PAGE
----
What happens to property named in a will if the beneficiary dies before the estate has been distributed?

Posted on: 18 November 2016

A person's Last Will & Testament is one of the most important legal documents they'll ever make. They're simpler than you might imagine, but as with all things there are some unforeseen circumstances that can lead to complications.

If someone is named a beneficiary in a will but passes away themselves before the inheritance is disbursed, there are several things that can happen--depending on the precise circumstances.

If they're the sole beneficiary:

In most states, if the sole beneficiary of a will dies before the estate has been resolved, their inheritance will instead pass on to their beneficiaries. If they have a will of their own, this will be the person or people named in that will.

If they do not, their heir will be determined by the standard approach: a person's legal spouse is the default heir; if they are unmarried, then it is their children; if they have none, it is their siblings; if there are none, then their parents; if their parents are not living, there's a complex process of hunting down another family member that kicks in.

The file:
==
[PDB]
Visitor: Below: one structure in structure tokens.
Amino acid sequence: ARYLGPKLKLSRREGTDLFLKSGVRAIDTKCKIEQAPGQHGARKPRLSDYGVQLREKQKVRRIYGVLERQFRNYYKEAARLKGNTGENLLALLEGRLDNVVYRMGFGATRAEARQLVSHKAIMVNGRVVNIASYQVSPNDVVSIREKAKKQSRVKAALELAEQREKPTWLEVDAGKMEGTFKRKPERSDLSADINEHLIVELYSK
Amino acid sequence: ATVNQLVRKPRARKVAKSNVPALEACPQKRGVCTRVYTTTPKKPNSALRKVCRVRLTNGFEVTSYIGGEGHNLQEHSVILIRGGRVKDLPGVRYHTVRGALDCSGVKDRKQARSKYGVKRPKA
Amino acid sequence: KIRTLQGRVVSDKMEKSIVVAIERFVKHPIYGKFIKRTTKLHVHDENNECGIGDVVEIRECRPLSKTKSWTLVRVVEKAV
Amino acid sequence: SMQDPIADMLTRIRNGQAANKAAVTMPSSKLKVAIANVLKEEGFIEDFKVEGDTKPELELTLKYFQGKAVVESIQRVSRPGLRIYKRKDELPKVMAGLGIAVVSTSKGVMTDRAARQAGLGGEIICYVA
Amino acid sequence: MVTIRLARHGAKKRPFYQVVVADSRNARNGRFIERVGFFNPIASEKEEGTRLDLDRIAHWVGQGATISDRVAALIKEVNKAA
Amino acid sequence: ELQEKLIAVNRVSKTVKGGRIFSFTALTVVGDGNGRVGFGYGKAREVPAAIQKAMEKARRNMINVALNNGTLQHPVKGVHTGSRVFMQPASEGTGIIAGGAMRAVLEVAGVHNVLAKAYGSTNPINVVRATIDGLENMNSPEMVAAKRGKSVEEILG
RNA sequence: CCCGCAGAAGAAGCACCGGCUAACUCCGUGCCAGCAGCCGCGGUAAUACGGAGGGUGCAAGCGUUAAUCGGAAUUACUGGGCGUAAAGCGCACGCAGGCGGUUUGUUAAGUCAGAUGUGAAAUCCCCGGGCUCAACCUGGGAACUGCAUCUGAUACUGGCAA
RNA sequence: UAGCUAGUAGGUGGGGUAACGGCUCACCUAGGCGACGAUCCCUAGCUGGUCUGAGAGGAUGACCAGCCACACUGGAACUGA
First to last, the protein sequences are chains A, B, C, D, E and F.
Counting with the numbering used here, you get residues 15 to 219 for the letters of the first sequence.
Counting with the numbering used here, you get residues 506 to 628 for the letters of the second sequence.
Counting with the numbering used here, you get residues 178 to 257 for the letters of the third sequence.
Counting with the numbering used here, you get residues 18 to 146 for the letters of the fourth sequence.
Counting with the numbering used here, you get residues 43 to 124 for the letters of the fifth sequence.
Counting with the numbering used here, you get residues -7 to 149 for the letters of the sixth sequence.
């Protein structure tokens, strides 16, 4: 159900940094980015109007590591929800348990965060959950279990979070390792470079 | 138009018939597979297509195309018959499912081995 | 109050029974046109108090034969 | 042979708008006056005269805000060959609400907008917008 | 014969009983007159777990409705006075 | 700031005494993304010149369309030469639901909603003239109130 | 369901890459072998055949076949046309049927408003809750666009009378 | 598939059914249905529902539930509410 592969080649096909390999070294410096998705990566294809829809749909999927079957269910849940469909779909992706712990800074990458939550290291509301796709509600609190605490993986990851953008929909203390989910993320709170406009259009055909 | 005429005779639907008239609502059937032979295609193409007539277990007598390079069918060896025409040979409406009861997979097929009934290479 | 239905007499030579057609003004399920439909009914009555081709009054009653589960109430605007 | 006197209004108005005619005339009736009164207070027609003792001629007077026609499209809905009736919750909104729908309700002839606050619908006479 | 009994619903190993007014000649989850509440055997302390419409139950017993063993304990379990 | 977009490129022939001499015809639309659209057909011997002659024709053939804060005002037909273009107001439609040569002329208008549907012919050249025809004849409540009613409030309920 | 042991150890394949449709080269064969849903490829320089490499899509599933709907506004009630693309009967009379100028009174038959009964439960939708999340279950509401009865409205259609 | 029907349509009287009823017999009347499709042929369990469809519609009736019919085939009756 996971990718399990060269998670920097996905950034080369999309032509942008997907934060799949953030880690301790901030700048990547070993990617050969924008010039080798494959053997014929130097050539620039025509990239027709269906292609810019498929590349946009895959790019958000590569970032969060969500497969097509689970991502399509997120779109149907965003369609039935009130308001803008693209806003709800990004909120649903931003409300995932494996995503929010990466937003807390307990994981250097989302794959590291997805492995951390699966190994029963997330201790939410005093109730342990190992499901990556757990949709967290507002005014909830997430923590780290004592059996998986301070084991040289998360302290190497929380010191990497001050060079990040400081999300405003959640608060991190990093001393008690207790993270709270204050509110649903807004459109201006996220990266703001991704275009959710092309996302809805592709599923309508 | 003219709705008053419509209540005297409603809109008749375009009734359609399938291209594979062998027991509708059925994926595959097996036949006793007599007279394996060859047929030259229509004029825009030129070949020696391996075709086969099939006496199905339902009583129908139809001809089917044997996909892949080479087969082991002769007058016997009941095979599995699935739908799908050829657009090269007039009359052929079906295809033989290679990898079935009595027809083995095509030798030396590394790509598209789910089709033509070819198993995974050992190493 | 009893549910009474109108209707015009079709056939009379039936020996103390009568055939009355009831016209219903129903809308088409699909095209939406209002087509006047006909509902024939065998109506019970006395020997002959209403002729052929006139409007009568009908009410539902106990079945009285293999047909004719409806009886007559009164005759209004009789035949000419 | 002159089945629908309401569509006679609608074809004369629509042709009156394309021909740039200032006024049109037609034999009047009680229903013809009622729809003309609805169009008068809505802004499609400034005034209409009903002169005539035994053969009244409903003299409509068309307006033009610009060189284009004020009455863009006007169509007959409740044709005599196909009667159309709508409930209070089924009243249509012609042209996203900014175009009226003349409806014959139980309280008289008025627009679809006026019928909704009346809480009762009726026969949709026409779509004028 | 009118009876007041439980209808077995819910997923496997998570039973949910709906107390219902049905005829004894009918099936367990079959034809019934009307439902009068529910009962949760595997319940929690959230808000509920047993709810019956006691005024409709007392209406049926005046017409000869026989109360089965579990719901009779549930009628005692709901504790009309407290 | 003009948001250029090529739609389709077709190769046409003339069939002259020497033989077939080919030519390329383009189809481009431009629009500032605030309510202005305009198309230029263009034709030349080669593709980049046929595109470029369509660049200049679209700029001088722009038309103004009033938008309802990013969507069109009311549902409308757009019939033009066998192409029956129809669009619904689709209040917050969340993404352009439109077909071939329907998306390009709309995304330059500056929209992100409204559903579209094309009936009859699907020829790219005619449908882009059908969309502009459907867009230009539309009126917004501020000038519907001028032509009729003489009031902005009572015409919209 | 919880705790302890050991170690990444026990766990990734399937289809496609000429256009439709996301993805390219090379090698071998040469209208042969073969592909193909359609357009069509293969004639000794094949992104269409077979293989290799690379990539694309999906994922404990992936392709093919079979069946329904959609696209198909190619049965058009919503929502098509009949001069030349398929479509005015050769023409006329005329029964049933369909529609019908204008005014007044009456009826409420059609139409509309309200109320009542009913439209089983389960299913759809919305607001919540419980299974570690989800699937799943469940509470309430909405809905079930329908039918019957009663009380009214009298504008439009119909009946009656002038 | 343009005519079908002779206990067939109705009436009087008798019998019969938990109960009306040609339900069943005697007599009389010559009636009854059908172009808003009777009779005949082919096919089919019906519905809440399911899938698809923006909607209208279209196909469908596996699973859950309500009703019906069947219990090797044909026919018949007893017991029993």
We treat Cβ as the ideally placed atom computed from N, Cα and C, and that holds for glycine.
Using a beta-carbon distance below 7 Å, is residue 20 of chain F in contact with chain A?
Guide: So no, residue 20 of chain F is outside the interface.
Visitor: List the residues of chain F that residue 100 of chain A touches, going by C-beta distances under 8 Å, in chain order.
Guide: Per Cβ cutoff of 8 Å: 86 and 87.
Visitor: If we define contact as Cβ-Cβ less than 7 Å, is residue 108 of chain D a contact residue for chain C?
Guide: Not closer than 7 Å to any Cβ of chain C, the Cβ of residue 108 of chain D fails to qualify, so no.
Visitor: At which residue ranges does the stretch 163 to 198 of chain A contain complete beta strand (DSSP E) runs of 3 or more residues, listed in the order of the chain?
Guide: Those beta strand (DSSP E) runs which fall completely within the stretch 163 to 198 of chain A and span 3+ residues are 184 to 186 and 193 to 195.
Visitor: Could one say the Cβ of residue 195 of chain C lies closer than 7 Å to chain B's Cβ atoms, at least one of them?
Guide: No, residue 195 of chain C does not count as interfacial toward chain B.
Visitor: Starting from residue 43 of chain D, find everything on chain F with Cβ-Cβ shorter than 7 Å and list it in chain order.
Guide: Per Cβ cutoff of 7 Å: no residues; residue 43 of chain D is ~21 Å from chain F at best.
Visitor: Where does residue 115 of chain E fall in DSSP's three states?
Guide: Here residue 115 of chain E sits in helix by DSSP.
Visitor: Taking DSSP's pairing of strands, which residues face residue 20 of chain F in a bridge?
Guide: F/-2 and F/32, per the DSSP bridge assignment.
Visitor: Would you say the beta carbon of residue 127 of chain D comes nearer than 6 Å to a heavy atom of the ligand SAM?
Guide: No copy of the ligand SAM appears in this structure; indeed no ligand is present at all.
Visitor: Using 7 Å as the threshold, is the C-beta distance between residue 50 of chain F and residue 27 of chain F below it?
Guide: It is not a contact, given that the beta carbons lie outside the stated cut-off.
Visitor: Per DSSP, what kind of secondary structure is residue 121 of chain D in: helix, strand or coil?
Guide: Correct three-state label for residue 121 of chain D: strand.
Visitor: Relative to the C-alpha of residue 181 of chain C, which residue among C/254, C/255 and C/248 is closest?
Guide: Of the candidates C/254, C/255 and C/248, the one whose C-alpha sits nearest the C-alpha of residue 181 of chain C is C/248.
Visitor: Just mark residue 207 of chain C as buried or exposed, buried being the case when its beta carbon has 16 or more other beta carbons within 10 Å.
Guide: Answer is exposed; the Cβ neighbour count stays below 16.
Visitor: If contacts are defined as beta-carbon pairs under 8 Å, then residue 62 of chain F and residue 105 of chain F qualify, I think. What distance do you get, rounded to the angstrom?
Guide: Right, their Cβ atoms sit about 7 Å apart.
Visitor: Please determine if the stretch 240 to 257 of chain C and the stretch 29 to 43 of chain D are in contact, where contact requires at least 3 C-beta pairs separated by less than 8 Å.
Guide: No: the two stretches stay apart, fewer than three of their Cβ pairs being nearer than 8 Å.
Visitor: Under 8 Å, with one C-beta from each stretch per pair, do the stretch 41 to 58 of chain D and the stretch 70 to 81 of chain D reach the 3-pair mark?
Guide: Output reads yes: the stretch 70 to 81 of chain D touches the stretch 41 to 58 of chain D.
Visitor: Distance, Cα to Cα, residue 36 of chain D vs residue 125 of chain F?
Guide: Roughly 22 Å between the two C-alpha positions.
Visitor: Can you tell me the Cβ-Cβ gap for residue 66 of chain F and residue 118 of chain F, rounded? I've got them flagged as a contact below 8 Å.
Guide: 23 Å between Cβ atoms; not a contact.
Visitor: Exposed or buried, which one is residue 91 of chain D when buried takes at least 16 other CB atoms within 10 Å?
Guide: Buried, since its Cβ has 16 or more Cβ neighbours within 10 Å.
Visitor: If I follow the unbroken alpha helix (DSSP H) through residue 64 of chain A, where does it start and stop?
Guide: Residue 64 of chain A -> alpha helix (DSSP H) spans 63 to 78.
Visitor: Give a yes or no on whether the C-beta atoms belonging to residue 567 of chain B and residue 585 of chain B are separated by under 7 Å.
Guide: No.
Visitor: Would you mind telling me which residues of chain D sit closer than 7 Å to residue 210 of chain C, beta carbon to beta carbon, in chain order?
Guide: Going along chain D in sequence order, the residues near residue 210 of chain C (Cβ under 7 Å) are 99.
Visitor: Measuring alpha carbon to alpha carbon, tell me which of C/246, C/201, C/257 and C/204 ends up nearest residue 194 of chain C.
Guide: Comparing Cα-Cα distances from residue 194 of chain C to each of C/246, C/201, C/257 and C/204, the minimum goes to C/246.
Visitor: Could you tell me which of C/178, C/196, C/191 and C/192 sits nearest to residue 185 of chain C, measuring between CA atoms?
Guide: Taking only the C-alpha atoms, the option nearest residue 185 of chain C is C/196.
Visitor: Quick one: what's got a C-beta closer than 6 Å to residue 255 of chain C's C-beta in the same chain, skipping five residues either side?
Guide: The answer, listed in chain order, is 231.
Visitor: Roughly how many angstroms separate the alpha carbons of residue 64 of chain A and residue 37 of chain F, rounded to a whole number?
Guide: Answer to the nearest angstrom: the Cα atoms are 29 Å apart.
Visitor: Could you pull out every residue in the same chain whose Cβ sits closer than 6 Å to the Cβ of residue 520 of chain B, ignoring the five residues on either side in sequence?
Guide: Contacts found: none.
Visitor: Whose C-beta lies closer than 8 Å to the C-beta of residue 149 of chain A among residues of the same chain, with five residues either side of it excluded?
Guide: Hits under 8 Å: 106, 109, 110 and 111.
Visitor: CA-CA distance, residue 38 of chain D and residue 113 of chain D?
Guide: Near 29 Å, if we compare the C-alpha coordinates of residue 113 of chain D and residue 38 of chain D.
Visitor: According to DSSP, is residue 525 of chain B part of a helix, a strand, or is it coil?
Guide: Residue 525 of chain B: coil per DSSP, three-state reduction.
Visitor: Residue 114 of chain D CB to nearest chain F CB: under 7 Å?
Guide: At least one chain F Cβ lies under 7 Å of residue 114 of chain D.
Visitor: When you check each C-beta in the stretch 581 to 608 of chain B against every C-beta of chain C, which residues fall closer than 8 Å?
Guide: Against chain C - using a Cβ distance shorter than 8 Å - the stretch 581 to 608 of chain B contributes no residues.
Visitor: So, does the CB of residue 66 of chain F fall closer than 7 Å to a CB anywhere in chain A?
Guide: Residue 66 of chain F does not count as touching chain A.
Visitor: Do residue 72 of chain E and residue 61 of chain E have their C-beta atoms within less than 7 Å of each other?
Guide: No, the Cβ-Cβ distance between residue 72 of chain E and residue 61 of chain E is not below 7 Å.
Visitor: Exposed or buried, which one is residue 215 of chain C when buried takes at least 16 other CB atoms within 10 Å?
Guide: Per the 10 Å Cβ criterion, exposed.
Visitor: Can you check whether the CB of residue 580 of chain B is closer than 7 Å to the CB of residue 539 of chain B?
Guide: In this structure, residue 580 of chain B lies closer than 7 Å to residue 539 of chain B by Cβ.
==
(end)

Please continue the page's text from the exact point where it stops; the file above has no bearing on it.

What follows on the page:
This is a thorny issue, though, and will generally be taken on a case-by-case basis. Other relatives of the deceased will usually be able to take the heirs of the original beneficiary to court and challenge the inheritance if they feel the need to do so.

If they're joint beneficiaries with someone else:

Usually the portion of the estate that would have gone to them will instead be split equally between any other beneficiaries of the original will.

There are some states, however, in which this will not be the case and the portion of the deceased's estate set to be inherited will instead enter their estate as in the previous case. Should this occur, the other beneficiaries of the will could usually make a legal challenge if they felt it inappropriate for those people to inherit.

Can this be changed?

Many wills have clauses in them designed to deal with problems of this nature. Ask your lawyer to help you draft one, if you're worried about this happening; you can specify someone to be an alternate beneficiary of your estate in the event of a beneficiary's death.

This is a particularly good idea if you think it likely that other relatives or beneficiaries of your will would feel it necessary to make a legal challenge if some portion of your estate were to pass into the hands of a beneficiary's heirs. Court challenges of wills are a nasty, divisive business and something that families should attempt to avoid at all costs: by making your wishes clear, you can help save them from the strain and bitterness.